By Lisen Stromberg, JAWS Board Member
I graduated from college as President Ronald Reagan was successfully convincing the country “trickle-down economics” would benefit everyone. Michael Douglas was busy telling the world, “Greed is Good,” Donald Trump was explaining to us the art of the deal, and Ivan Boesky was laughing at us from the cover of Time. The runaway train of deregulation was just beginning to hit the tracks and unfettered capitalism was the driver of the day. Underneath it all was the collective belief that our individual effort, skill, and talent would propel each of us forward. The cult of American Individualism insinuated if you weren’t rich, well that was your fault and no one else’s.
Well, it’s been 25 years and now we are living with the consequences of that entrenched belief system. For many of us, the living ain’t easy.
In her new book, Pound Foolish: Exposing the Dark Side of the Personal Finance Industry, JAWdess Helaine Olen writes “the financialization of our lives illustrates a huge change in a relatively short period of time.” As the savings rate plummeted to zero between the 1980s and the mid-2000s, the percent of Americans who were invested in the stock market rose from 20 percent to well over 50. During this time, she explains, “the notion that our own money smarts and investment skills could make us rich continued to gain traction” even while the median household income fell by over seven percent when adjusted for inflation.
Olen argues we’ve been sold a bill of goods about our individual ability to invest and manage our money. Fueled by our belief that we must do it on our own, the personal finance industry has regaled us with “boot-strap” stories and “how-to” tips all the while making the advice-givers rich, the financial services industry richer and average Americans significantly poorer. Of the last 25 years, she writes, “we were participants in a vast experiment, a hope that personal finance and investments would do it all for us. We now know that for all too many people, it did not.”
By detailing the rise of financial “gurus” such as Suze Orman, David Bach (author of Smart Women Finish Rich), and Jim Cramer (manic host of CNBC’s Mad Money), Olen explains how the financial literacy movement fit neatly into the myth of American Individualism. This, coupled with the rise of financial service product marketing, seduced uninformed, anxious and eager (shall we say, greedy?) individuals to invest in all manner of flawed vehicles including variable annuities, whole-term life insurance, credit swaps and high-risk junk bonds.
My generation, it seems, has been ripe for the taking.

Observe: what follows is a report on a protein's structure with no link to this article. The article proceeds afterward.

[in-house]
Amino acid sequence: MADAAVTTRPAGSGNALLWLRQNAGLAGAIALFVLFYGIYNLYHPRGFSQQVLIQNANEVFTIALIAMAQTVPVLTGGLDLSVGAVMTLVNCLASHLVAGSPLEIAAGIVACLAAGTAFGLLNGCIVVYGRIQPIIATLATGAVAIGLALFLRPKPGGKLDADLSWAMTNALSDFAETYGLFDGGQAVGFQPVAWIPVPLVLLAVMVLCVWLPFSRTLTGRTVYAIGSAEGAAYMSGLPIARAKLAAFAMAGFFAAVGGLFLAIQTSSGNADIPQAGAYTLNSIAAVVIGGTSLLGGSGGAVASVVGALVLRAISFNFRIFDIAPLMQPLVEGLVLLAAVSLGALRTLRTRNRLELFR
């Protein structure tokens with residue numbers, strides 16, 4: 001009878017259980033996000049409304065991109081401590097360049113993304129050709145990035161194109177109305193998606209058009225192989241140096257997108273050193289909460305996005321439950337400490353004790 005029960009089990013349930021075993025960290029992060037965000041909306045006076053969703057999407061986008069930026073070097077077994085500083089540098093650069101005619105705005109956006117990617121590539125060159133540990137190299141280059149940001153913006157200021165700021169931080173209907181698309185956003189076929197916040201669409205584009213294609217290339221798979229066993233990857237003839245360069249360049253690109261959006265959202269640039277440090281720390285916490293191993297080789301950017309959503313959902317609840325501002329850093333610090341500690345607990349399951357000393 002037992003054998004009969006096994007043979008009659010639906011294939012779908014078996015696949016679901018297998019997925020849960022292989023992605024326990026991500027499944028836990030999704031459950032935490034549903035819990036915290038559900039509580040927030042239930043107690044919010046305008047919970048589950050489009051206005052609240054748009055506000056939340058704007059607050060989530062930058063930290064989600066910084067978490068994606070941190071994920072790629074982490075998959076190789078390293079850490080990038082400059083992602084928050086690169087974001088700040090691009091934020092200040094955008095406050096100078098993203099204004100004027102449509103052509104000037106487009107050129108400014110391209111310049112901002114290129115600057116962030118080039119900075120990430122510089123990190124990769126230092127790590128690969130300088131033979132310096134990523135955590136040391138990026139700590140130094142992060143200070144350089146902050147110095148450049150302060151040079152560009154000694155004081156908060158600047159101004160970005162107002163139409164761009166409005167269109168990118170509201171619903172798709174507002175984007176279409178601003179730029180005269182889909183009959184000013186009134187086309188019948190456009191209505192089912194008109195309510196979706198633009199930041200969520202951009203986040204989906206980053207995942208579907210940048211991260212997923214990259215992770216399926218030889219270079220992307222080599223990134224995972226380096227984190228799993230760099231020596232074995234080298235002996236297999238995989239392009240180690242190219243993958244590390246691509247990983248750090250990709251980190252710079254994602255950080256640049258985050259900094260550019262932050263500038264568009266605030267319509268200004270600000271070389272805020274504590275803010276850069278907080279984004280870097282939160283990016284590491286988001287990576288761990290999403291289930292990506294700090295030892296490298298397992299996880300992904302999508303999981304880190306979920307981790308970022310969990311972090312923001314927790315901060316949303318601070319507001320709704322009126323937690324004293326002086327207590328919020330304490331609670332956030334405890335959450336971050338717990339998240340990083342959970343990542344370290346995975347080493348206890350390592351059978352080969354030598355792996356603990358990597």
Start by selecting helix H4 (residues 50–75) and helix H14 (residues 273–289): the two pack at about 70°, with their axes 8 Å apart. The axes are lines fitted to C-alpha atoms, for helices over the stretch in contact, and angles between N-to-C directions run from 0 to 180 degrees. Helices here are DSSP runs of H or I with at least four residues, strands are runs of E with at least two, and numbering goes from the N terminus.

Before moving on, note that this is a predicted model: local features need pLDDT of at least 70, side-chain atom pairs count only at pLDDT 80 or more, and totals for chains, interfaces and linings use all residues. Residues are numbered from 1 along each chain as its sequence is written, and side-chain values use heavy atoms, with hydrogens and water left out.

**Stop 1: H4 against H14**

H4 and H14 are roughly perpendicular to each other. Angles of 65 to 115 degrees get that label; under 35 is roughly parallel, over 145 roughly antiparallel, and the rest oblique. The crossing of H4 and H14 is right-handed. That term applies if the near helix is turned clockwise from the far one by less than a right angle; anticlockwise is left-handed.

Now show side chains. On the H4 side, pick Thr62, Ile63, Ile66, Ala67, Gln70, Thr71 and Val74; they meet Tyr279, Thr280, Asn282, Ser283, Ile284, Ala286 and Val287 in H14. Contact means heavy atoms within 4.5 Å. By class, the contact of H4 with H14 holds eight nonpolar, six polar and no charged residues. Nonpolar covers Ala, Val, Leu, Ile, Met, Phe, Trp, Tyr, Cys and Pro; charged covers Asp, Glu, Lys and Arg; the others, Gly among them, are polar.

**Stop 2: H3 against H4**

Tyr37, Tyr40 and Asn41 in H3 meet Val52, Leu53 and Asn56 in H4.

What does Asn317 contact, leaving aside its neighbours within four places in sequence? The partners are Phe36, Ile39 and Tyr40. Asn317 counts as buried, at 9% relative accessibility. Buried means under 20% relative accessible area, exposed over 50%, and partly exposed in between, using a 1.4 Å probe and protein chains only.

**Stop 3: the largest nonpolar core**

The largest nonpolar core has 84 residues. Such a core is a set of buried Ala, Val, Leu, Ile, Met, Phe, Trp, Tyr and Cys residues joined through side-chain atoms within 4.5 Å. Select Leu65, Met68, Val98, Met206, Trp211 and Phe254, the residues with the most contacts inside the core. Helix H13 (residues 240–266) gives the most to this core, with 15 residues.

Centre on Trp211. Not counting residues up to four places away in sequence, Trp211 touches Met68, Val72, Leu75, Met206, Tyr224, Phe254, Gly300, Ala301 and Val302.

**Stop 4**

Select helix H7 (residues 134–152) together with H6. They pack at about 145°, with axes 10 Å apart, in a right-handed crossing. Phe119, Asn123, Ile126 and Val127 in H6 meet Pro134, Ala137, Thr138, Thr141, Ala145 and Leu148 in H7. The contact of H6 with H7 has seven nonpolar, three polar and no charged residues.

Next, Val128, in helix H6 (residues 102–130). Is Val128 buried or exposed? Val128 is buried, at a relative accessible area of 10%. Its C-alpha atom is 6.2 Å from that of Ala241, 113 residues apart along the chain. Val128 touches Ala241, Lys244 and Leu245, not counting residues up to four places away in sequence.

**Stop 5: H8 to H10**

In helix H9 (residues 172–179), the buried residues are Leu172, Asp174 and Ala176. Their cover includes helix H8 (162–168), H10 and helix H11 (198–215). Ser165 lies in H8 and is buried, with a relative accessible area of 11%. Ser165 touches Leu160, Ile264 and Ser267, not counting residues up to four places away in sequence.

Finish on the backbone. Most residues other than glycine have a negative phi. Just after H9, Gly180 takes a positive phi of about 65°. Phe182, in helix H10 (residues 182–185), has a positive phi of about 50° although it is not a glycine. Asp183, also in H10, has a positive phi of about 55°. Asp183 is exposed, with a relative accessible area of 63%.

And now the focus of this marketing juggernaut is on women. Olen cautions we are particularly vulnerable to the machinations of the personal finance industry because while we are more financially independent than ever before (and therefore a lucrative target market), we are trained to believe we know less about money management than men. Capitalizing on our fear, we are told we must focus on gaining financial know-how.
But financial literacy is a fallacy, according to Olen. It has consistently proven to do little to advance the portfolios of the majority of Americans. Further, with its focus on self-determination, it has distracted us from zeroing in on the underlying systemic causes that keep most of us in financial straight-jackets.
Rather than concentrating on individual money management and education, Olen argues for a coming together of women (and men) around the policies that would actually help us. She suggest such efforts as lobbying for pay equity legislation, advocating for adjustments to social security calculations to help women who have taken time out of their careers to focus on their families and demanding equitable health care coverage are a better use of our time than mastering the ins and outs of our individual portfolios. In essence, she believes we need to take the personal out of finance and insist on changes that benefit us all.
While I couldn’t agree more that we need a laser focus on the systemic problems that are harming middle and lower class Americans and, in particular, women, I take issue with her suggestion that financial knowledge is useless. Call me a product of my times, but I believe understanding the financial markets and taking ownership for our own financial well-being is essential to women’s advancement.
I came of age when my mother couldn’t get her own credit card. Because she was a stay-at-home mom, she had to ask my father for spending money. And when she finally decided to start managing her own investment portfolio with money she’d made from a part-time consulting job, our family financial advisor suggested it was best if she let my father take care of it. Eventually, she gave up trying to gain competency in this area of her life. I vowed I never would.
Olen is right when she says there is no financial trick to make us rich, but there is much we can do to ensure we don’t become (or remain) poor and disempowered. Individual knowledge coupled with collective action would seem to me to be the best strategy going forward.
I encourage you to read Olen’s well researched and well written book and then let’s talk on the listserv.